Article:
Emperor Xianwen of Northern Wei ( 魏獻文帝), personal name Tuoba Hong, Xianbei name Didouyin (第豆胤), was an emperor of the Xianbei dynasty Northern Wei. He was the first emperor in Chinese history who, after retiring at age 17 in favor of his 4-year old son Emperor Xiaowen to become Taishang Huang in 471, continued to hold on to power until his death in 476—when the official history states vaguely that he may have been killed by his stepmother Empress Dowager Feng.
Empress Gao was an empress of the Chinese/Xianbei dynasty Northern Wei. Her husband was Emperor Xiaowu.
Emperor Wen of Western Wei ( 魏文帝) (507–551), personal name Yuan Baoju (元寶炬), was an emperor of Western Wei—a branch successor state to Northern Wei. In 534, Yuan Baoju, then the Prince of Nanyang, followed his cousin Emperor Xiaowu in fleeing from the capital Luoyang to Chang'an, after a fallout between Emperor Xiaowu and the paramount general Gao Huan. However, Emperor Xiaowu's relationship to the general that he then depended on, Yuwen Tai, soon deteriorated as well, and around the new year 535, Yuwen Tai poisoned Emperor Xiaowu to death, making Yuan Baoju emperor. As Gao Huan had, late in 534, made Yuan Shanjian the son of Emperor Wen's cousin Yuan Dan (元亶) the Prince of Qinghe emperor, thus establishing Eastern Wei, Emperor Wen was known as Western Wei's first emperor, formalizing the division. Emperor Wen's relationship with Yuwen appeared cordial, but he was unable to exercise much real power.
Empress Gao was an empress of the Chinese/Xianbei dynasty Eastern Wei — a branch successor state to Northern Wei. Her husband was Emperor Xiaojing, Eastern Wei's only emperor.
Gao Huan (496–547), Xianbei name Heliuhun (賀六渾), formally Prince Xianwu of Qi (齊獻武王), later further formally honored by Northern Qi initially as Emperor Xianwu (獻武皇帝), then as Emperor Shenwu (神武皇帝) with the temple name Gaozu (高祖), was the paramount general and minister of the Chinese/Xianbei dynasty Northern Wei and Northern Wei's branch successor state Eastern Wei. Though being ethnically Chinese, Gao was deeply affected by Xianbei culture and was often considered more Xianbei than Chinese by his contemporaries. During his career, he and his family became firmly in control of the government of Eastern Wei, and eventually, in 550, his son Gao Yang forced Emperor Xiaojing of Eastern Wei to yield the throne to him, establishing the Gao clan as the imperial clan of a new Northern Qi state.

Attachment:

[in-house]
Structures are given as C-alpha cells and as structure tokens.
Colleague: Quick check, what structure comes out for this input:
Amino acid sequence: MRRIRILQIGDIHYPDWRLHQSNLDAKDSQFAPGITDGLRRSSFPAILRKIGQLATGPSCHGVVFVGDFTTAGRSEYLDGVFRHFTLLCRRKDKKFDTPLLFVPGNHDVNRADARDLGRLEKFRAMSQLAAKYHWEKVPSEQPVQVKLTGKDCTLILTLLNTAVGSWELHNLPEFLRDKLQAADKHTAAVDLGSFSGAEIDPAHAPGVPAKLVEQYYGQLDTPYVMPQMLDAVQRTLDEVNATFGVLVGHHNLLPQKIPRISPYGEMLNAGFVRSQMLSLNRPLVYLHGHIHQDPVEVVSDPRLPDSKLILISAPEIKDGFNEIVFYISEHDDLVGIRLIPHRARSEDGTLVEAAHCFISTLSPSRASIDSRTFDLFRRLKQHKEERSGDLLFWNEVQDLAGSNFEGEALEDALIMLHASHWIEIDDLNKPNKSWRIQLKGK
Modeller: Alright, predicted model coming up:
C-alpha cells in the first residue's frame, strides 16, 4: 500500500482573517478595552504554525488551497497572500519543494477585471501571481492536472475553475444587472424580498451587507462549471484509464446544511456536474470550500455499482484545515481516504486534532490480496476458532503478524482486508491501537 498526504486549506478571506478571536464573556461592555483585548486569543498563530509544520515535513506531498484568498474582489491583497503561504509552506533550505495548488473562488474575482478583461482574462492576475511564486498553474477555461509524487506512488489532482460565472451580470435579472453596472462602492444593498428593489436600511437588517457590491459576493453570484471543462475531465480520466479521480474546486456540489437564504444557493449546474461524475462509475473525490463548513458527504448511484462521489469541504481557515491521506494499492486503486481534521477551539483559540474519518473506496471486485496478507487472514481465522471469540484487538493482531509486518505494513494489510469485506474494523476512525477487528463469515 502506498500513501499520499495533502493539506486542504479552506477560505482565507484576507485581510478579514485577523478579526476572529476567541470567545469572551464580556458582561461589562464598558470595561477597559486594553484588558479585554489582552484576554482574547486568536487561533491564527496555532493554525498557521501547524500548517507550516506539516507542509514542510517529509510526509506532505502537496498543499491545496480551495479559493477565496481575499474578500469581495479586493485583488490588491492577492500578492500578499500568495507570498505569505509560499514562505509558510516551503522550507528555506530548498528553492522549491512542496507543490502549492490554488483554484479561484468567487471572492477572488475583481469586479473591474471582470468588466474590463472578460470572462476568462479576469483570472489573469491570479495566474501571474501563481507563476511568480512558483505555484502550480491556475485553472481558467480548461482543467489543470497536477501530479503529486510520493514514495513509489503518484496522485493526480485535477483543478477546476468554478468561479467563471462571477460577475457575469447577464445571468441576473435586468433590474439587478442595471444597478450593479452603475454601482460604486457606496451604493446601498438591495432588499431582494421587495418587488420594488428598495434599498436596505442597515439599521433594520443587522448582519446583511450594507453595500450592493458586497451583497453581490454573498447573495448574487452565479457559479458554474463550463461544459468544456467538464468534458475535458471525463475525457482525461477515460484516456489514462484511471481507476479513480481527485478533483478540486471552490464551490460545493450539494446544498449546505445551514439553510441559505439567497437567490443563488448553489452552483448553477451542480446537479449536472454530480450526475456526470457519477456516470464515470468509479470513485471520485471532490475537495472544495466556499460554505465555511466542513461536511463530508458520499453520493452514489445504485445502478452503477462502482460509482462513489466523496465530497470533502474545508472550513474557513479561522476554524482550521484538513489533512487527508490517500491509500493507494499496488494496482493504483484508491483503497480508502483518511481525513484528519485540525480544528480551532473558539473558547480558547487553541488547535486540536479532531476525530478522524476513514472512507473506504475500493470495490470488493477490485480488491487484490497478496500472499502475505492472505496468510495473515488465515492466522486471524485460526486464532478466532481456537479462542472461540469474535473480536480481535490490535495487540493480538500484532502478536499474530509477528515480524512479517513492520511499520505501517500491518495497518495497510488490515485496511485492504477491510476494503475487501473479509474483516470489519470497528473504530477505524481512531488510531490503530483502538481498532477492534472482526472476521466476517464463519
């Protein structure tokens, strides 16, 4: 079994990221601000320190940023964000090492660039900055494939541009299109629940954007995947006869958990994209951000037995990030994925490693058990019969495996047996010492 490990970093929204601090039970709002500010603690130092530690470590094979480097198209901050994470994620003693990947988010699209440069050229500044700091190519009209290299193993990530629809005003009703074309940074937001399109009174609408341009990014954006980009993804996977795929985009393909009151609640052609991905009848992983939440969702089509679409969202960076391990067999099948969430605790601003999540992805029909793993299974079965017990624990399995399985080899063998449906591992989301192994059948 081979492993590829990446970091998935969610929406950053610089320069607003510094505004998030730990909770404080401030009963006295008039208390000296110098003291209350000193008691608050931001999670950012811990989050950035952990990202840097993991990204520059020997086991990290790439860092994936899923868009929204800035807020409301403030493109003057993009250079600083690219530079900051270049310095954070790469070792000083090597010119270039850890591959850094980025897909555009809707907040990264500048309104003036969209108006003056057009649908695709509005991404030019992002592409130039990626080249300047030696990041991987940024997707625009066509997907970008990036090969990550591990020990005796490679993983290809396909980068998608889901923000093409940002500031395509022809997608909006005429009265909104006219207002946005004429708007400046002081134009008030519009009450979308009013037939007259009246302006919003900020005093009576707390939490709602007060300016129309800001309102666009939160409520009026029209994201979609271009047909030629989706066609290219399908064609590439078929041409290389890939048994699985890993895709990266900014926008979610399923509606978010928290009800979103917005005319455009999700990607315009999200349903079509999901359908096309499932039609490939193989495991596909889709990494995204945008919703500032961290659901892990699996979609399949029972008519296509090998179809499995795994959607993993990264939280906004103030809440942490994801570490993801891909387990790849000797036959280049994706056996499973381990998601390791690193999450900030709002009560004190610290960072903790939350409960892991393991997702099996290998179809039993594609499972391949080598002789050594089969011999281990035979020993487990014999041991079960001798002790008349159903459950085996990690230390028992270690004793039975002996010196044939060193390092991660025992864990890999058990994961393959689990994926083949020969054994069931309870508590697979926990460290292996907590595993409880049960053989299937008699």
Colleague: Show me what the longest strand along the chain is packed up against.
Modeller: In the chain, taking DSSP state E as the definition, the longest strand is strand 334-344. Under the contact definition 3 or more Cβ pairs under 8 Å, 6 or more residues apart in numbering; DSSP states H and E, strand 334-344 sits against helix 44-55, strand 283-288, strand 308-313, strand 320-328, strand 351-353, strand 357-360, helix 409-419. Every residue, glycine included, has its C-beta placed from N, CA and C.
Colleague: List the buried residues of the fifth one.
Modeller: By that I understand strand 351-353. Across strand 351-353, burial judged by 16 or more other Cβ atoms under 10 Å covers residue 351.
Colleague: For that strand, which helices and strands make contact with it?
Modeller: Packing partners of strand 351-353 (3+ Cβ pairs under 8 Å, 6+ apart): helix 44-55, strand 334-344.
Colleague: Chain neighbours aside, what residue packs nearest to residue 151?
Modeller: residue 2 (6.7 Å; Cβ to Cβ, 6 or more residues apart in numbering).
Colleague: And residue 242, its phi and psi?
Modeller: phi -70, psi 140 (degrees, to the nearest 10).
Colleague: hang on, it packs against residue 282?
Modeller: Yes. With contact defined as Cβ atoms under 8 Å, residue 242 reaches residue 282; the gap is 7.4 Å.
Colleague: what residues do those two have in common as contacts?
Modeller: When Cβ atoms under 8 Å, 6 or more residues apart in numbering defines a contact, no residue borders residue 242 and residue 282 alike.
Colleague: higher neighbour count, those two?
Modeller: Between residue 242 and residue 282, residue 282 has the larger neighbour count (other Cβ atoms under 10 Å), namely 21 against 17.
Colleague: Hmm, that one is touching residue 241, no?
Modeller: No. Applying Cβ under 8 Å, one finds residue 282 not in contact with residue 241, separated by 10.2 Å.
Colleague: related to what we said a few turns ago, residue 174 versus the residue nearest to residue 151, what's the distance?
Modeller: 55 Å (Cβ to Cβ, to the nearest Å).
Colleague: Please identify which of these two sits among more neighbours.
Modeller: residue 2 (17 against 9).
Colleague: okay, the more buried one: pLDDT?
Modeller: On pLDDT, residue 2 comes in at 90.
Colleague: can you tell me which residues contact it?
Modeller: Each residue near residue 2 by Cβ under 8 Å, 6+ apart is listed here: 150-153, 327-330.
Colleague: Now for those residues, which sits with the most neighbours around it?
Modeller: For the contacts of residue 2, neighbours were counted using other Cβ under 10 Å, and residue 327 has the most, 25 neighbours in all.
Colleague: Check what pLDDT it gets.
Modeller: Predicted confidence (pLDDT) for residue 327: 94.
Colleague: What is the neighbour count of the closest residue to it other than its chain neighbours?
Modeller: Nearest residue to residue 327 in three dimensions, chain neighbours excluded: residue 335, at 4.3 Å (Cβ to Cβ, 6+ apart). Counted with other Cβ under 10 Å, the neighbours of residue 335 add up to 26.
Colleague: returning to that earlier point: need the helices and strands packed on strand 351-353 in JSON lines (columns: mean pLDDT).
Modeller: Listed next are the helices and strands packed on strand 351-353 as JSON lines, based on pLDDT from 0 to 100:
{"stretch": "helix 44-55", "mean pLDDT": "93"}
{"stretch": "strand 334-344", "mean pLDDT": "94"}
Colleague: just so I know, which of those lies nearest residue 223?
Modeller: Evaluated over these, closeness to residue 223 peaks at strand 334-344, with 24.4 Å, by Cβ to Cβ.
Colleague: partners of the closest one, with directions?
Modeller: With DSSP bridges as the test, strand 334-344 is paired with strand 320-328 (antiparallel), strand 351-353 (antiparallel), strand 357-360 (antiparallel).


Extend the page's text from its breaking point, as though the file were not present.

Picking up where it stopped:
Emperor Wenxuan of (Northern) Qi ( 齊文宣帝) (526–559), personal name Gao Yang, courtesy name Zijin (子進), Xianbei name Hounigan (侯尼干), was the first emperor of the Northern Qi. He was the second son of Eastern Wei's paramount general Gao Huan. Following the death of his brother and Gao Huan's designated successor an eldest son Gao Cheng in 549, Gao Yang became the regent of Eastern Wei. In 550, he forced Emperor Xiaojing of Eastern Wei to yield the throne to him, ending Eastern Wei and starting Northern Qi.
Yuwen Tai (507–556), nickname Heita (黑獺), formally Duke Wen of Anding (安定文公), later further posthumously honored by Northern Zhou initially as Prince Wen (文王) then as Emperor Wen (文皇帝) with the temple name Taizu (太祖), was the paramount general of the Chinese/Xianbei state Western Wei, a branch successor state of Northern Wei. In 534, Emperor Xiaowu of Northern Wei, seeking to assert power independent of the paramount general Gao Huan, fled to Yuwen's domain, and when Gao subsequently proclaimed Emperor Xiaojing of Eastern Wei emperor, a split of Northern Wei was effected, and when Yuwen subsequently poisoned Emperor Xiaowu to death around the new year 535 and declared his cousin Yuan Baoju emperor, the split was formalized, with the part under Gao's and Emperor Xiaojing's control known as Eastern Wei and the part under Yuwen's and Emperor Wen's control known as Western Wei. For the rest of his life, Yuwen endeavored to make Western Wei, then much weaker than its eastern counterpart, a strong state, and after his death, his son Yuwen Jue seized the throne from Emperor Gong of Western Wei, establishing Northern Zhou.